The Grammy Music Awards committee will posthumously name writer David Foster Wallace as a recipient of a Lifetime achievement award in February.
The news was met with quizzical looks and murmurs of "WTH?"
Joyce Muenzler, a self described "huge fan" of Wallace's work, was set against the idea of a Grammy for the novelist when she talked to this reporter.
"It just doesn't make sense," Muenzler said. "It's like your husband may do all sorts of wonderful things for you, but you're not going to give him an award for nuclear physics--because there is no connection there between the two. What they're doing diminishes both the Grammys and Wallace's work. I think he might be amused if he were around for this, it sounds like one of his stories."
Former president George W. Bush weighed in saying he was a fan of Wallace as well.
"I'm a big fan of the man's work, you know I loved the part about the Wheelchair Assassins in Infinite Rainbow. But, really, can't we give him a better award more appropriate to a writer?"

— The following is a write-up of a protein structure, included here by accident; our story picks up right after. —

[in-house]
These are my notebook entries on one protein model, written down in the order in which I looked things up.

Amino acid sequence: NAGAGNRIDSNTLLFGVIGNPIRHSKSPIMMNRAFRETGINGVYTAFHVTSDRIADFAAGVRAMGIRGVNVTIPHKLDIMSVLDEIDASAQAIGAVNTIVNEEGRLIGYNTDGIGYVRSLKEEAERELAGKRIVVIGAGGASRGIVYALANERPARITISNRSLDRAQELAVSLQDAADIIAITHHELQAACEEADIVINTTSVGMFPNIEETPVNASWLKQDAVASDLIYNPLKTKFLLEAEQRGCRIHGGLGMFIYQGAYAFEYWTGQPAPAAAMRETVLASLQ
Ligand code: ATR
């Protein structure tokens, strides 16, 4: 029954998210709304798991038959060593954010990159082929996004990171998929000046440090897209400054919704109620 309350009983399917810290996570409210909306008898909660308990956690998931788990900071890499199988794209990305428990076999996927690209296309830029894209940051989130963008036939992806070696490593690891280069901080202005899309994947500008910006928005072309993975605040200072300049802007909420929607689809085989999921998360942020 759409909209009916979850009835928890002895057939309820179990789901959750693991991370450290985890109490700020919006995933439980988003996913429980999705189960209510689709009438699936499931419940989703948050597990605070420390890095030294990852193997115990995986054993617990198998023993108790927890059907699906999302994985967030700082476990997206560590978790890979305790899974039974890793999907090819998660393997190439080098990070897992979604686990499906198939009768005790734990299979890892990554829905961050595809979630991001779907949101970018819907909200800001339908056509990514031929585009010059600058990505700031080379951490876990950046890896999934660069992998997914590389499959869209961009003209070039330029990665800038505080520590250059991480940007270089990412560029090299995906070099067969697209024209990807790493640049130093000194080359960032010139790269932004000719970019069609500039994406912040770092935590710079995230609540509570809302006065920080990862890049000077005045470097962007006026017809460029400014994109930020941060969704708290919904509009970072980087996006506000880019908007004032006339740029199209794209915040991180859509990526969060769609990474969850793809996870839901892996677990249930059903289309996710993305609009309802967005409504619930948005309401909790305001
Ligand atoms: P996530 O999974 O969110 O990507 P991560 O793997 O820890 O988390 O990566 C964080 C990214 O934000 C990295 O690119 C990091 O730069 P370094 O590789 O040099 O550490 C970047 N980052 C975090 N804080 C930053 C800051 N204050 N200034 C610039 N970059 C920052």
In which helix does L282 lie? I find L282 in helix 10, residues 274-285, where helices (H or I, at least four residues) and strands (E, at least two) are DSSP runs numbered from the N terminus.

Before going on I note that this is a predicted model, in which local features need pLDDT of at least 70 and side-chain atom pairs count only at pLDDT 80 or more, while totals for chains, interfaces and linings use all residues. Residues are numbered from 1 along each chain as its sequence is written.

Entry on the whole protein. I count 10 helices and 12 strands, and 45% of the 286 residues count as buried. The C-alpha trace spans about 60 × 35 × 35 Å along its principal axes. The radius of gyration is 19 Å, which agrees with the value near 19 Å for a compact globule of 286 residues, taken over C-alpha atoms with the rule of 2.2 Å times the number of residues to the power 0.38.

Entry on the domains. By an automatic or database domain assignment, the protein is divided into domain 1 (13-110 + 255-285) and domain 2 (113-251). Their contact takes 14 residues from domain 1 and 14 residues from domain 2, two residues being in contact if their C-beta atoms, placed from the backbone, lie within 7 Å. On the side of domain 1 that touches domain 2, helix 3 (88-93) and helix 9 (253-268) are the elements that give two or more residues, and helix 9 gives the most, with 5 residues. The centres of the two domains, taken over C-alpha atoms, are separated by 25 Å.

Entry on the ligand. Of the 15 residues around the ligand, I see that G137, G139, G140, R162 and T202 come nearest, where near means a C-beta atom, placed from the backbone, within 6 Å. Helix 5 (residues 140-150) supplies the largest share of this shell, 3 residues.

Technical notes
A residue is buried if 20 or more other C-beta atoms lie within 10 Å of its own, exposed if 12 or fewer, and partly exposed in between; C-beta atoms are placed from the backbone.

Bush indeed is a fan and is said to have made Dick Cheney read passages of Wallace's work to him over and over, mostly for safety reasons: Bush is a lip mover when he reads and he once got a severe facial cramp when he couldn't put down Wallace's novel Broom Of The System. Bush recovered from the incident after being treated with tranquilizers and Botox.
Not to be outshone by the Grammys, Dancing With The Stars is contemplating a special award for Stephen Hawking.
Stephen Hawking as well as Wallace's family are staying silent on the new awards, all have so far declined requests for comments.